Conversely, the Gospel is a completely different coin where divine revelation is rendered from both sides.  First there is the revelation of our spiritual non-existence that is the sheer human inability to achieve divine goodness. By it, we are informed of our corrupted nature with which we have no chance apart from grace to cause our own existence.   Just as an infant cannot bring about the cause of his own conception, we are not the cause of our own spiritual birth!   The other side of the coin affords us a glimpse of the Glory of Christ displayed predominately on the Cross.  Together, the two sides illumined by the Holy Spirit give us true spiritual sight!  When you begin to really "see" the glory of Christ against the backdrop of the ruined human soul the Gospel increases in focus, igniting faith, and leads to genuine goodness! 

Good News is Good Food

I confess, I eat too much fast food.  You know you eat out too much when you refer to your meals as numbers.  What can I say? I love a good Whataburger, medium fries, and large coke!  In spite of my lunchtime vice, I still prefer a home-cooked meal!  During football season we eat at home on most Sundays.  My wife will put in a roast with potatoes in the oven, smothered in tomato sauce and spices, and as soon as we get home from church I can already smell it before I open the front door! 

Like most people, I love food! After all, it’s my primary source of life sustenance along with air and water.   I even love a good deli sandwich with fresh smoked ham!  However, the meat has to be fresh because I am  paranoid when it comes to ham or any other meat in the fridge.  I always smell it before I blindly put in on a slice of bread and chow down.  Why?  Because one time I took a bite of a spoiled ham sandwich, and it didn’t even make it past my tongue!  The sandwich retreated the other direction before it had the chance to invade my stomach with it’s bacterial poison!

All this talk of food reminds of 3 gospels:  The Fast-food gospel, the Spoiled Ham gospel, and the home-cooked gospel. 

Allow me to start with the Spoiled Ham Gospel.  I want to start here, because this was my first introduction to any kind of gospel.  Having grown up in a legalistic church environment, I was subjected to many repulsive gospel presentations.  Now, that’s not to say I didn’t hear the gospel growing up at all.  It’s just that the great majority of presentations were what Martyn Lloyd-Jones calls "appeals to the will".  An appeal to the will sermon is when the preacher attempts to "get you saved" by telling you to do certain things while refraining from doing certain things.  It is classic life-crushing legalism.  It is not a Biblical gospel, it’s Pharisaical at best.  There’s just enough truth to keep you hooked, and more than enough lies to crush your spirit. If you spend 20 years immersed in the spoiled ham gospel as I was, you know that it takes at least that long to shake your soul of its asbestos!  The Biblical gospel eradicates this poison with the truth that I am, by nature, unacceptable to God because of my sin, but it doesn’t leave me to die in my sin, it offers the solution which is the perfect atonement of Christ!  The Biblical gospel leaves me with no doubt that there is nothing to do on my part. The spoiled ham gospel will say you can’t earn salvation yet demands that you try anyway! Depressing. I’ve come to realize that you can’t reach people with a gospel that harps on behavior.  Ideally it sounds wonderful, but realistically it’s spiritually impossible!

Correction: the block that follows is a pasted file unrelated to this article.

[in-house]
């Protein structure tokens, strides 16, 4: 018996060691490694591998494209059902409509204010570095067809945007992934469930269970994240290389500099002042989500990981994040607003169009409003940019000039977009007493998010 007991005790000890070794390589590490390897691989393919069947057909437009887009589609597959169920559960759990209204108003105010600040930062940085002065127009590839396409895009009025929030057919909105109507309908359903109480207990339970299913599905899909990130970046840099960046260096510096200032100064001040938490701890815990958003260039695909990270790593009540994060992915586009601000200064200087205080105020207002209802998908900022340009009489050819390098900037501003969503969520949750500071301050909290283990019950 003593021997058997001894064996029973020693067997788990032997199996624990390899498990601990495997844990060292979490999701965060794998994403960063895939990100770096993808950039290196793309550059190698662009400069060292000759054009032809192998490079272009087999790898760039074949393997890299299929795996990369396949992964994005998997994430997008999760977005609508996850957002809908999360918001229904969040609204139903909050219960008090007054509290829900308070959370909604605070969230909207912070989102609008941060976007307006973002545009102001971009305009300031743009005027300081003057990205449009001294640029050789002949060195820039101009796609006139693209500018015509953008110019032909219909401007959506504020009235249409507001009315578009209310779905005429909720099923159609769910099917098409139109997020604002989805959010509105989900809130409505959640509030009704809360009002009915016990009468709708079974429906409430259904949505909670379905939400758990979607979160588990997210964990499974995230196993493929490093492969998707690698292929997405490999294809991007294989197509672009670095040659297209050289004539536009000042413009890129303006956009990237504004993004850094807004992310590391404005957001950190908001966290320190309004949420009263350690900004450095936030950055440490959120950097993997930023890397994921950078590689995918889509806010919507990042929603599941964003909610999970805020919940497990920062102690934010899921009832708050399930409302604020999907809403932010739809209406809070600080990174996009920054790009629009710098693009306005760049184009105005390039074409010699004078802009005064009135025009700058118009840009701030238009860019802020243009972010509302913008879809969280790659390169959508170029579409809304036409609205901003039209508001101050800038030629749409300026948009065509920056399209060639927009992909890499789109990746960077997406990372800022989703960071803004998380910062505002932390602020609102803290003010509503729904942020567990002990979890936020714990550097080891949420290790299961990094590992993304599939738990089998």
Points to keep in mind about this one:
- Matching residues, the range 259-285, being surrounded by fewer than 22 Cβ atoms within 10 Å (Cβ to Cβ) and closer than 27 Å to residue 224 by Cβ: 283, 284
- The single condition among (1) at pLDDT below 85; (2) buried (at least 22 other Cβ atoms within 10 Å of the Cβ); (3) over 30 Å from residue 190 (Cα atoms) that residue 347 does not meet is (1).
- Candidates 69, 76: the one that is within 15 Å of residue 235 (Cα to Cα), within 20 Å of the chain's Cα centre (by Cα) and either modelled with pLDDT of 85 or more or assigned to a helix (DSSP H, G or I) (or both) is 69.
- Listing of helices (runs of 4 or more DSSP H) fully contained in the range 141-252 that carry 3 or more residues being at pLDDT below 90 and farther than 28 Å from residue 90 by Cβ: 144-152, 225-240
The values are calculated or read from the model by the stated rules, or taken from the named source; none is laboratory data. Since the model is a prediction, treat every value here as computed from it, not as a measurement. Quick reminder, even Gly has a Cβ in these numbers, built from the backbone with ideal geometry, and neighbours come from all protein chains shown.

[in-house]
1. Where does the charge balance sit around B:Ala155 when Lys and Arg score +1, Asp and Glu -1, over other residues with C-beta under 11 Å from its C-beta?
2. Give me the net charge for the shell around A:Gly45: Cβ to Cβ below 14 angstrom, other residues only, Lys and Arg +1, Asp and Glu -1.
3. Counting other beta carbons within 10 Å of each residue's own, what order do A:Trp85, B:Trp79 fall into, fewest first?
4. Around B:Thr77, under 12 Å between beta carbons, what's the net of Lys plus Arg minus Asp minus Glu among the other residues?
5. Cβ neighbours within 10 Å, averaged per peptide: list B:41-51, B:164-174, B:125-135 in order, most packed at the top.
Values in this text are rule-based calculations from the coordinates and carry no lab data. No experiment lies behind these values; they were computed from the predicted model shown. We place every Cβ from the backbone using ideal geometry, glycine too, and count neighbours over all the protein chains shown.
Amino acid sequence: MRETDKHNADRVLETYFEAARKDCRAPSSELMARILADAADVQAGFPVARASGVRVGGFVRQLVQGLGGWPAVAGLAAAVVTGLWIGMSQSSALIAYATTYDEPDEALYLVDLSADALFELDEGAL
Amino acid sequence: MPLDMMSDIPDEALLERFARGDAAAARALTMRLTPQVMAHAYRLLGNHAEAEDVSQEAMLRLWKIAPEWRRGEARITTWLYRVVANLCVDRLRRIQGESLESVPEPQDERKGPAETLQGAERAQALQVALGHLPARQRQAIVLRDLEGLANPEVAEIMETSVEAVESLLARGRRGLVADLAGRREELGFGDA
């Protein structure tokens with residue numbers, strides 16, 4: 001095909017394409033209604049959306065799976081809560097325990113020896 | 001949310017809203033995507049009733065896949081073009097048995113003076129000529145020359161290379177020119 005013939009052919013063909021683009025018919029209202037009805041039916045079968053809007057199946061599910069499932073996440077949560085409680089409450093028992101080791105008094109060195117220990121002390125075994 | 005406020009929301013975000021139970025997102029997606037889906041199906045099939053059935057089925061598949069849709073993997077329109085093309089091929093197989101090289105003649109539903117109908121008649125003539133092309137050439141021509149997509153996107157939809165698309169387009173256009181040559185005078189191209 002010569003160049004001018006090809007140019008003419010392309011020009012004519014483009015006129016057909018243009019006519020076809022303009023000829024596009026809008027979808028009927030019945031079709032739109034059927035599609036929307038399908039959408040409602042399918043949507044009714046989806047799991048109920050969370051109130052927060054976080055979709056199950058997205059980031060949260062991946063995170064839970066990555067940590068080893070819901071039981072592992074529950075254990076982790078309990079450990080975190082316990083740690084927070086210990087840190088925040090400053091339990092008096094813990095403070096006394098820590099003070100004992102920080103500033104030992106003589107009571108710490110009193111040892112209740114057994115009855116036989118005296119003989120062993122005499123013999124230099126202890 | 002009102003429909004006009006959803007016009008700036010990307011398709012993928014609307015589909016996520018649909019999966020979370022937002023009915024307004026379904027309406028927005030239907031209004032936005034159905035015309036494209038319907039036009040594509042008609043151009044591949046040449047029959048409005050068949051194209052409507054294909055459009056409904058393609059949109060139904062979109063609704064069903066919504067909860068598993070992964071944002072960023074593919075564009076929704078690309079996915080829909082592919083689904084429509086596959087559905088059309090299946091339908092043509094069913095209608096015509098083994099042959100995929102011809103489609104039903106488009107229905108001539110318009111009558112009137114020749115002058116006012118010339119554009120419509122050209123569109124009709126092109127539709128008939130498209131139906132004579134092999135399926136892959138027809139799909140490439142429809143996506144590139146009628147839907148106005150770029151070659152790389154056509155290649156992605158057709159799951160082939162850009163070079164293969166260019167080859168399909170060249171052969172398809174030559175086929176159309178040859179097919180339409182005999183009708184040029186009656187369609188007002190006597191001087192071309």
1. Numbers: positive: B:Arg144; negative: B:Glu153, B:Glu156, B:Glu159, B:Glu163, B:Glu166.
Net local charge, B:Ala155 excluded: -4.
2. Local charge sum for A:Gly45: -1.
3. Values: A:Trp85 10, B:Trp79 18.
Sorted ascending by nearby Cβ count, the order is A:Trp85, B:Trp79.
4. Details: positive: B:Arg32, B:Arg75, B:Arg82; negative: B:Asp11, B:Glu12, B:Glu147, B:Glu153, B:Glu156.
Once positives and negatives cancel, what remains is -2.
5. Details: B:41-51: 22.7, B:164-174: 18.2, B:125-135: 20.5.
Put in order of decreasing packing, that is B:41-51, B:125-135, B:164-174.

One might wonder why people who are brought up this way don’t immediately escape from it.   Why not spit it out like spoiled meat?  I contend that if someone has never tasted fresh deli ham, they are unaware of it’s taint.   What makes spoiled meat so repulsive is the knowledge one has that this is not the way it is supposed to taste.  Having grown up in fundamentalism, I didn’t realize completely what the gospel was because I was rarely presented a gospel message that was complete in itself. A complete gospel will serve two purposes, revealing our soul to ourselves, and revealing God to our souls!  If the message we hear doesn’t accomplish this it’s not really good news in the long run.

Then there is the Fast-Food Gospel.  I like fast-food because, well, it’s fast!   Today, I was amazed at how fast I walked out of a
local sandwich shop as the sub was literally wrapped and ready
before I signed my debit card receipt!  You know what else?  Fast-food tastes good!  Fast food is
fast, convenient, and delicious! I like it because it satisfies an
immediate hunger. Consumers by nature love immediate results.  This is why we gravitate so closely to the Fast-food gospel.  This gospel is the basic knee-jerk reaction to the Spoiled Ham Gospel.  I suspect that those who preach this message probably came from the same background I did.  They understood the first gospel as a life-crushing proposition, so they responded with something more palatable.  In order not to offend unbelievers, they devised a gospel that was no longer offensive.  The problem here is that the Bible tells us that the gospel is offensive to the lost. (Jeremiah 6:10)  It offends primarily because it leaves us with nothing to do and that drives us crazy!  It offends because it asks us to receive grace and simply be grateful.   That really is good news, but human nature doesn’t think so!